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What do you wish you would have known beforehand? - Page 18

post #341 of 350

This is great.  My baby is due in June and s/he will be my first so I don't have much advice.  I also haven't read the entire thread yet, but I've heard that filling condoms with water and freezing them is good to put on the vagina after birth. 

post #342 of 350

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post #343 of 350

*Subbing*

 

:) Due for first bub and first home birth in December!

post #344 of 350

This was such a fun and educating read. Took notes on all 18 pages. You ladies are awesome!

post #345 of 350

Ohhh I have my own to add. Now I don't know how true this is and it's not even necessarily JUST for home birth but you know how we ladies sync up? Apparently if another woman in the house has her period it may affect labor starting. Again not sure how true this is but on a scientific view it's awesome to think about! (And certainly something I wish I knew before my mom in law and sis in law flew in....)

post #346 of 350
I'm the opposite of bobandjess, the pain was more manageable than I expected, I just took it one contraction at a time. Pain from previous knee surgeries were worse. Every person is different, just take it as it comes. While I was crowning, I was trying to pull a piece of vernix from dd's hair, my midwife and mom we're laughing at me.
Also, not having cervical checks was HuGE. No numbers to compare your progress to, no pressure. I didn't know I was fully dilated until my body started involuntarily pushing.
post #347 of 350
After hearing so many people say they ran out of hot water or couldn't keep the water in the birth tub hot enough- my dh was obsessing about keeping the water hot. He did a great job but it was so hot that i felt like I was going to pass out from the heat once I got in! Our midwives were running around collecting buckets of ice to dump into the tub to cool it down which didn't really help... Yes it is important to have the water hot, but there is the possibility it will get too hot!
post #348 of 350

I would have asked for parental support.  Supposedly it makes all the difference in wether you tear or not and it made a big difference when I asked for it for my third birth.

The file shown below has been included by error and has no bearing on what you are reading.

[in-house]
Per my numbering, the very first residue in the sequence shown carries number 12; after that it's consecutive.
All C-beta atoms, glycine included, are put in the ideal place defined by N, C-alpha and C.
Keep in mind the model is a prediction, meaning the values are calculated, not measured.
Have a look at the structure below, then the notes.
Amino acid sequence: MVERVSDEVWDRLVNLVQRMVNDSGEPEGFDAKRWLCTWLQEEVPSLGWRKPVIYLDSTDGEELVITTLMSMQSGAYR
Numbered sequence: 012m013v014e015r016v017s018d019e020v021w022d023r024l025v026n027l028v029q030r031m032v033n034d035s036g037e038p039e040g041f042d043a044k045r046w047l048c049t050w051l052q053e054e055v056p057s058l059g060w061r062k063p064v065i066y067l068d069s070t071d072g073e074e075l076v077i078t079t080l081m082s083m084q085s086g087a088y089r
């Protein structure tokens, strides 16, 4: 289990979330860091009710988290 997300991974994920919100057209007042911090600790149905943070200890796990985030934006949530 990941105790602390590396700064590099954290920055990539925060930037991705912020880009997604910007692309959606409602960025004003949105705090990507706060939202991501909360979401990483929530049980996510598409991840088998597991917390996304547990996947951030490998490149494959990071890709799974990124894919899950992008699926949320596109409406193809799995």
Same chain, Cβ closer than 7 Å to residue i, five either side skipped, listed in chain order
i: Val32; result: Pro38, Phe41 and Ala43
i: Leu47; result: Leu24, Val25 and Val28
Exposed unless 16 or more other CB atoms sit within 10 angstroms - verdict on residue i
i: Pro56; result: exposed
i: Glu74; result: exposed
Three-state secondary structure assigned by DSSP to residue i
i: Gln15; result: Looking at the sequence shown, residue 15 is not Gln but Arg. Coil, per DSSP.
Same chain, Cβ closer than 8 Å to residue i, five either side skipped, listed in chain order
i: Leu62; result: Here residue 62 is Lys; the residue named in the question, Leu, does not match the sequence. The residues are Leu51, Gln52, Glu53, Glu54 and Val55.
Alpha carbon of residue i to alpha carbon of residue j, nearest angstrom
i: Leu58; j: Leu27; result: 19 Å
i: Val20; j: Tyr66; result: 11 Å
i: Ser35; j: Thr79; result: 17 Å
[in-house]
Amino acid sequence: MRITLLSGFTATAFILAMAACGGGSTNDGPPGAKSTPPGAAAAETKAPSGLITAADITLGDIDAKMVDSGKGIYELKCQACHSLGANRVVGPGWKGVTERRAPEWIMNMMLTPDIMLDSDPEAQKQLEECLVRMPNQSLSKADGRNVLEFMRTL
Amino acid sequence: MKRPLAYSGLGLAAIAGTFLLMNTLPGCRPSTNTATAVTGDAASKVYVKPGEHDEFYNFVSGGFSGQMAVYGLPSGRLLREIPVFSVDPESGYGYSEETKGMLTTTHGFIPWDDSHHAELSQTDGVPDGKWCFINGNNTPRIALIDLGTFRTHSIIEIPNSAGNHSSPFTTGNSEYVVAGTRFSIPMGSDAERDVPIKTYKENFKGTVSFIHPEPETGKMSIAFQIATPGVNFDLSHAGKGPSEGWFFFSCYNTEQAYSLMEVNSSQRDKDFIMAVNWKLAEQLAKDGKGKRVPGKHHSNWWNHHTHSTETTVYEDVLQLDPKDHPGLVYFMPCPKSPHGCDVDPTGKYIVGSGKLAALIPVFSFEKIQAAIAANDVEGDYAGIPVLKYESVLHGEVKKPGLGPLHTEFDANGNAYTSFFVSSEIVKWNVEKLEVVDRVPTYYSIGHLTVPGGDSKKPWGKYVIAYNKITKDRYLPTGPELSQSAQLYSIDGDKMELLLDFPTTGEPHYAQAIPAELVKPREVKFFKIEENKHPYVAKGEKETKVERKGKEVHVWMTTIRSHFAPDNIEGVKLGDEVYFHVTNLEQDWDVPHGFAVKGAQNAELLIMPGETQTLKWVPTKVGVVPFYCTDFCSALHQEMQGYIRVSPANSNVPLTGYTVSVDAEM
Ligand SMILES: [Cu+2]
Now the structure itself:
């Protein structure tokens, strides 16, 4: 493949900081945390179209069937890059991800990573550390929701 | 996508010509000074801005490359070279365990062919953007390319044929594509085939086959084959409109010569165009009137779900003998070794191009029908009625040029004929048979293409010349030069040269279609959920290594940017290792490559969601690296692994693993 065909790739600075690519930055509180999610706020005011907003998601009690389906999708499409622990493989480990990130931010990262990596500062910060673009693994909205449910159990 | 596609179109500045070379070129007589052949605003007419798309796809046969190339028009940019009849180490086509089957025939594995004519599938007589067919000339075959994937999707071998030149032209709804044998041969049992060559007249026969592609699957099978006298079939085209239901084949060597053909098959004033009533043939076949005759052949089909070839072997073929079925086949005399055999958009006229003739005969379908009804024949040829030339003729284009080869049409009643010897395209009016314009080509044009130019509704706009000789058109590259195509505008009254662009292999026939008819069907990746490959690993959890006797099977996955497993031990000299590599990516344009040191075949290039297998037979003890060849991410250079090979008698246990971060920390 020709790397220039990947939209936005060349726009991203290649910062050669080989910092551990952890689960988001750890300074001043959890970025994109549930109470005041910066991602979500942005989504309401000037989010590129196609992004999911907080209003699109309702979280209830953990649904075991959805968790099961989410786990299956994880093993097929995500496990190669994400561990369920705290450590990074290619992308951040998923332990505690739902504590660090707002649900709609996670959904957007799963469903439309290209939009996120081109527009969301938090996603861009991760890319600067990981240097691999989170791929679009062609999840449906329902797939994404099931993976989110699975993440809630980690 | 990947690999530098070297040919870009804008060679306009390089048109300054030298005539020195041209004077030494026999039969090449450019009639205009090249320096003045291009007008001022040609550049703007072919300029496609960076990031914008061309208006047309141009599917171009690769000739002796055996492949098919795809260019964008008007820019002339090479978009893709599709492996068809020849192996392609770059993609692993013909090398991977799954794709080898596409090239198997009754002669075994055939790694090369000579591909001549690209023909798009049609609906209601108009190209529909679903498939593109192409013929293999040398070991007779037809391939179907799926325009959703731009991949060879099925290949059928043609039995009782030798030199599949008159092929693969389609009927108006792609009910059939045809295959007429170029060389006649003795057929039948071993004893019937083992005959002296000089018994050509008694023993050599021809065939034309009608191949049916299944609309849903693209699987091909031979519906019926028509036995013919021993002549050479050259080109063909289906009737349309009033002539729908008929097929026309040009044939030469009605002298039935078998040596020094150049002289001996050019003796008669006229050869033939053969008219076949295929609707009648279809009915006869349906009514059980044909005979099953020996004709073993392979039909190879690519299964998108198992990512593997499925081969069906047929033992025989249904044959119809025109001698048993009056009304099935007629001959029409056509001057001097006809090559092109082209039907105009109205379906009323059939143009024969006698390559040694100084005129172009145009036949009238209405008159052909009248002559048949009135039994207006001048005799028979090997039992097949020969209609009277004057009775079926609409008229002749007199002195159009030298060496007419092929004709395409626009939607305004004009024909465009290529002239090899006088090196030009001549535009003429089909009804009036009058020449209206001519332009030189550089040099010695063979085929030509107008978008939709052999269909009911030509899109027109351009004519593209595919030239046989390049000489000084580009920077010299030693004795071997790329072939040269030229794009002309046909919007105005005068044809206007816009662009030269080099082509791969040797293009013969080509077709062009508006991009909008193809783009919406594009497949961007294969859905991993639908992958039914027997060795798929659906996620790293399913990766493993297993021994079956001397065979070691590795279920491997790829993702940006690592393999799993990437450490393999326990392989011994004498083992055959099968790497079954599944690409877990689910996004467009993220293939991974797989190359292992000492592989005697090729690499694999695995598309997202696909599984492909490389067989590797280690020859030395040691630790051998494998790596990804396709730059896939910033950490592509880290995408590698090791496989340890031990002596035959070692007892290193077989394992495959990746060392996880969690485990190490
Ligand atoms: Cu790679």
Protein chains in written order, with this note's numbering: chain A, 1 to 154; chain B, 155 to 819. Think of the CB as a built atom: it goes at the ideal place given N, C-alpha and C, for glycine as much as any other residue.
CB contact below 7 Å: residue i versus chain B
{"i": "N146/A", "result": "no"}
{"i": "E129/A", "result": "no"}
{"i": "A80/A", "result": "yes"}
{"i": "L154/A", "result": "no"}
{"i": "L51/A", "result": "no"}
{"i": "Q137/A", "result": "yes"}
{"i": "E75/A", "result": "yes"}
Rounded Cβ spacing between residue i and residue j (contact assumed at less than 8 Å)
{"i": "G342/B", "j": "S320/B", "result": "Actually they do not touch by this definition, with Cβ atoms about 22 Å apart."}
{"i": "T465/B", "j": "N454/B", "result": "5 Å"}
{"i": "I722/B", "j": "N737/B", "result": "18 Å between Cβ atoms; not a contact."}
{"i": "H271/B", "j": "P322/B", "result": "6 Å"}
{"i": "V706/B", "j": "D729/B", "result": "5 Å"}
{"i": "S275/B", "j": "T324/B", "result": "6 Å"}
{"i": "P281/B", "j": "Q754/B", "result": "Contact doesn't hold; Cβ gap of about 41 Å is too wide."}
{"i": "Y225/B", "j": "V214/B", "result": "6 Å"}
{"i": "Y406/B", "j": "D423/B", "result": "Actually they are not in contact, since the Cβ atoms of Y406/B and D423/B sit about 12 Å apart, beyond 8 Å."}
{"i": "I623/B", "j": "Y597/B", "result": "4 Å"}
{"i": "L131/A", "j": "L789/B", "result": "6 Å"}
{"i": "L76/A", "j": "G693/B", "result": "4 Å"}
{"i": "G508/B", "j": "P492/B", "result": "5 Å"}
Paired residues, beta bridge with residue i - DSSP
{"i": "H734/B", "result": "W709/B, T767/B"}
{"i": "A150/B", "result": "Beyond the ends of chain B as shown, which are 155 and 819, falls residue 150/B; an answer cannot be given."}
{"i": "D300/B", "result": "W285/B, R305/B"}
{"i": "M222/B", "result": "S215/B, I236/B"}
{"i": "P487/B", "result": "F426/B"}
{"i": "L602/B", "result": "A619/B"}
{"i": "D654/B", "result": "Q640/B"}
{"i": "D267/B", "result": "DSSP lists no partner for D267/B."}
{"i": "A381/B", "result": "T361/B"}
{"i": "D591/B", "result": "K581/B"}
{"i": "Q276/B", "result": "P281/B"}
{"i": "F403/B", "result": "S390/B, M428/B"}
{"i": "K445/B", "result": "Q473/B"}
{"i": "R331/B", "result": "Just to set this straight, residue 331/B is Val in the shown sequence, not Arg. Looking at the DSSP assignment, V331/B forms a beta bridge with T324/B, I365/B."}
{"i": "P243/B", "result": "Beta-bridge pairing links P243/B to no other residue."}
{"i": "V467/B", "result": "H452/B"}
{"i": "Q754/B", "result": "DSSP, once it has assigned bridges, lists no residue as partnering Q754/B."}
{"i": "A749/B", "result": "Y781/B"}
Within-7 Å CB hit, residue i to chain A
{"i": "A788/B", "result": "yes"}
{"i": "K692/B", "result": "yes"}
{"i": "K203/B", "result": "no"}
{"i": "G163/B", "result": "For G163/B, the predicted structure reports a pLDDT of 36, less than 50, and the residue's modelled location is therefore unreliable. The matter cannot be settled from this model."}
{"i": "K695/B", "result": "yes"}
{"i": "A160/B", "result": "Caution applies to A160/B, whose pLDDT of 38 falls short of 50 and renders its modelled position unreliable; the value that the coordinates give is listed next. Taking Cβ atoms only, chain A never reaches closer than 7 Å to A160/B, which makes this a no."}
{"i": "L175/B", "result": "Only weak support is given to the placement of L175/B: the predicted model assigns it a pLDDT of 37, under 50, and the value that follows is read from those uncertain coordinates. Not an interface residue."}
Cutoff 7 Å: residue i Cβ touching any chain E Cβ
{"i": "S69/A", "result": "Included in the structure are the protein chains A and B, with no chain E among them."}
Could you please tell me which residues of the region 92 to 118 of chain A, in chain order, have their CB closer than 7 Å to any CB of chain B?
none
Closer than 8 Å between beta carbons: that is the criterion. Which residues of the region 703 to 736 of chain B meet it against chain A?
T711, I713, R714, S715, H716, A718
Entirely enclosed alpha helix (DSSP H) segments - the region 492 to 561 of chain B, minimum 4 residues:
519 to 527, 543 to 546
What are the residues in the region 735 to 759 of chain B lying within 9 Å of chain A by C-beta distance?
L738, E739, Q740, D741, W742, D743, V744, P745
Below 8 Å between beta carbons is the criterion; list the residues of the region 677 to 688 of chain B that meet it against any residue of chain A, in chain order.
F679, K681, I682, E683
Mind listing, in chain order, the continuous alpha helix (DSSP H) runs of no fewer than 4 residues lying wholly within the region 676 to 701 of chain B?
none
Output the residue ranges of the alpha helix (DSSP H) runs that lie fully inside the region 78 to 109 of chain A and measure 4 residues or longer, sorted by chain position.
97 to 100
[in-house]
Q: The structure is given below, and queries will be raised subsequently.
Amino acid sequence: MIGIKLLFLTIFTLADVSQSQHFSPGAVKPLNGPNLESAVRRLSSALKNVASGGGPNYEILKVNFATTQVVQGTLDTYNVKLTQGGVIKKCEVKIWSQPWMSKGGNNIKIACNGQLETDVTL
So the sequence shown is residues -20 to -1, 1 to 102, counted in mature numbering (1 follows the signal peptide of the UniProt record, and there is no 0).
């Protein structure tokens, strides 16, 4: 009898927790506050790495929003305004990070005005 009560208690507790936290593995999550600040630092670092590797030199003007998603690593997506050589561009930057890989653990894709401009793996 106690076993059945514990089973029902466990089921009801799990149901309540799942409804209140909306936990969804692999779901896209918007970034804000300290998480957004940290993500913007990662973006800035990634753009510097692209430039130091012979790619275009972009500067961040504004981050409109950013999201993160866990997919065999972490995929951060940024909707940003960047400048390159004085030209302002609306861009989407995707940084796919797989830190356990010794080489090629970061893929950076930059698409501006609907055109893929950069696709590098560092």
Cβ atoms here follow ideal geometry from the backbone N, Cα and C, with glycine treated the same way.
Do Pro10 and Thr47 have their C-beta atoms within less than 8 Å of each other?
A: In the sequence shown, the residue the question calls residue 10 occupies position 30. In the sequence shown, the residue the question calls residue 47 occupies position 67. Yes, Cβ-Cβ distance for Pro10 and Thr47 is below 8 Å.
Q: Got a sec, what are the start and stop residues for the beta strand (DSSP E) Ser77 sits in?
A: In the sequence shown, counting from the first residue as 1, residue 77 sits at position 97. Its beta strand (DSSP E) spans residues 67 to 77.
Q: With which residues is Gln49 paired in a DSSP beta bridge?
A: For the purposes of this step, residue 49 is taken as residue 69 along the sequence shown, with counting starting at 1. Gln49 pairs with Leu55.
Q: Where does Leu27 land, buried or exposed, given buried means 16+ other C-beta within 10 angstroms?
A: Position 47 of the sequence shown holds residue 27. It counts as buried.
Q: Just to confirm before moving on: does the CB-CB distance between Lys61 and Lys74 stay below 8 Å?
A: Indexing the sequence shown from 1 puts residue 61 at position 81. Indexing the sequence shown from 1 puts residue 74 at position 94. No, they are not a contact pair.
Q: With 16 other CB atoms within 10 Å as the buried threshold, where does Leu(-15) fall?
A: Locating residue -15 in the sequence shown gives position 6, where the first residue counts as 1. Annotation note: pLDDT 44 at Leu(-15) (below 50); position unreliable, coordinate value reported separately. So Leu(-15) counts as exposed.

post #349 of 350

This will sound funny, but I can't think of a single thing I wished I had known, beforehand.

 

I knew I don't like people around, so it was just DH, the kids (and DH to keep them out of my hair if needed) and the midwife, and no visitors til like a week after, and then, only my mother, and only briefly, because her idea of helping gets on my nerves.

I knew I wanted a labor pool and was really glad to have one. One homebirth, I crawled out of it and went upstairs pushing, to birth at the foot of my bed. The other one, I birthed right in the pool. One never knows what one will want in the moment.

 

I didn't have expectations one way or another about perineal tears, and I tore both times requiring stitches. It was more like the top layer of skin, from vagina to rectum, "popped" open in a line, than what you would think of as "tearing". My skin is not elastic, I get stretch marks easily, and I don't think the tears could have been prevented. I expect it will happen again this time.  My babies were 10 lbs, and then 9 lbs. It's not pleasant, but it's not terrible. Better than an episiotomy! It healed each time, and I'm fine down there.

 

I had heard of self-stim to help get through crowning, and the second homebirth, I tried it...reached down and "touched myself" and you know what? It DID help! So I might keep that in the toolbox along with having placenta available for consumption (really saved me with hormone mood swings the first homebirth...oddly enough, ended up not needing it, the second one... again, one doesn't know one time to the next, so it's best to have the option regardless).

 

None of these things are things I wished I had known beforehand, because they are things I heard about beforehand, and was glad to be able to use, or they were things that couldn't be prevented, so weren't some great disappointment when they happened.

 

It helped me a LOT to be able to compare the pain of transition, to the pain of my first child's failed Pit induction ending in cesarean. That Pit induction only got to 4 cm, and was far more painful and horrible than anything the natural births at home afterward, with larger babies, presented, and with my first HBAC, the 10 lb one, in transition I did say almost as if it were a required ritual, "I can't do this!" but always in my mind, a little awareness kept nudging me, that this STILL was better than going through that induction and cesarean had been!

 

So I had a sort of benchmark to compare against, and it gave me courage that I COULD endure it, because at every stage of natural labor, I could remember that I had been through worse with the hospital scenario, so this wasn't so bad!

post #350 of 350

Oh my goodness, what a wealth of information! Whether I end up having a UC or not (due date's in a week!) I'll be at least laboring at home for as long as possible, so this is good stuff to know. I hadn't thought of keeping snacks/sandwich stuff on hand for any helpers, very glad to be able to remedy that before it became embarassingly obvious that I'd neglected them while they were trying to help me. =P

 

Also having a jobs sheet would be very handy, I'll make one of those too.

 

It sounds like the biggest and most common piece of advice is simply "follow your instincts!!" Whether you want a certain food or drink, or want to get more comfortable, or want your MIL to leave you alone, whatever...just do what feels right at the time. I hope I'm able to do that when it's crunch time. =)

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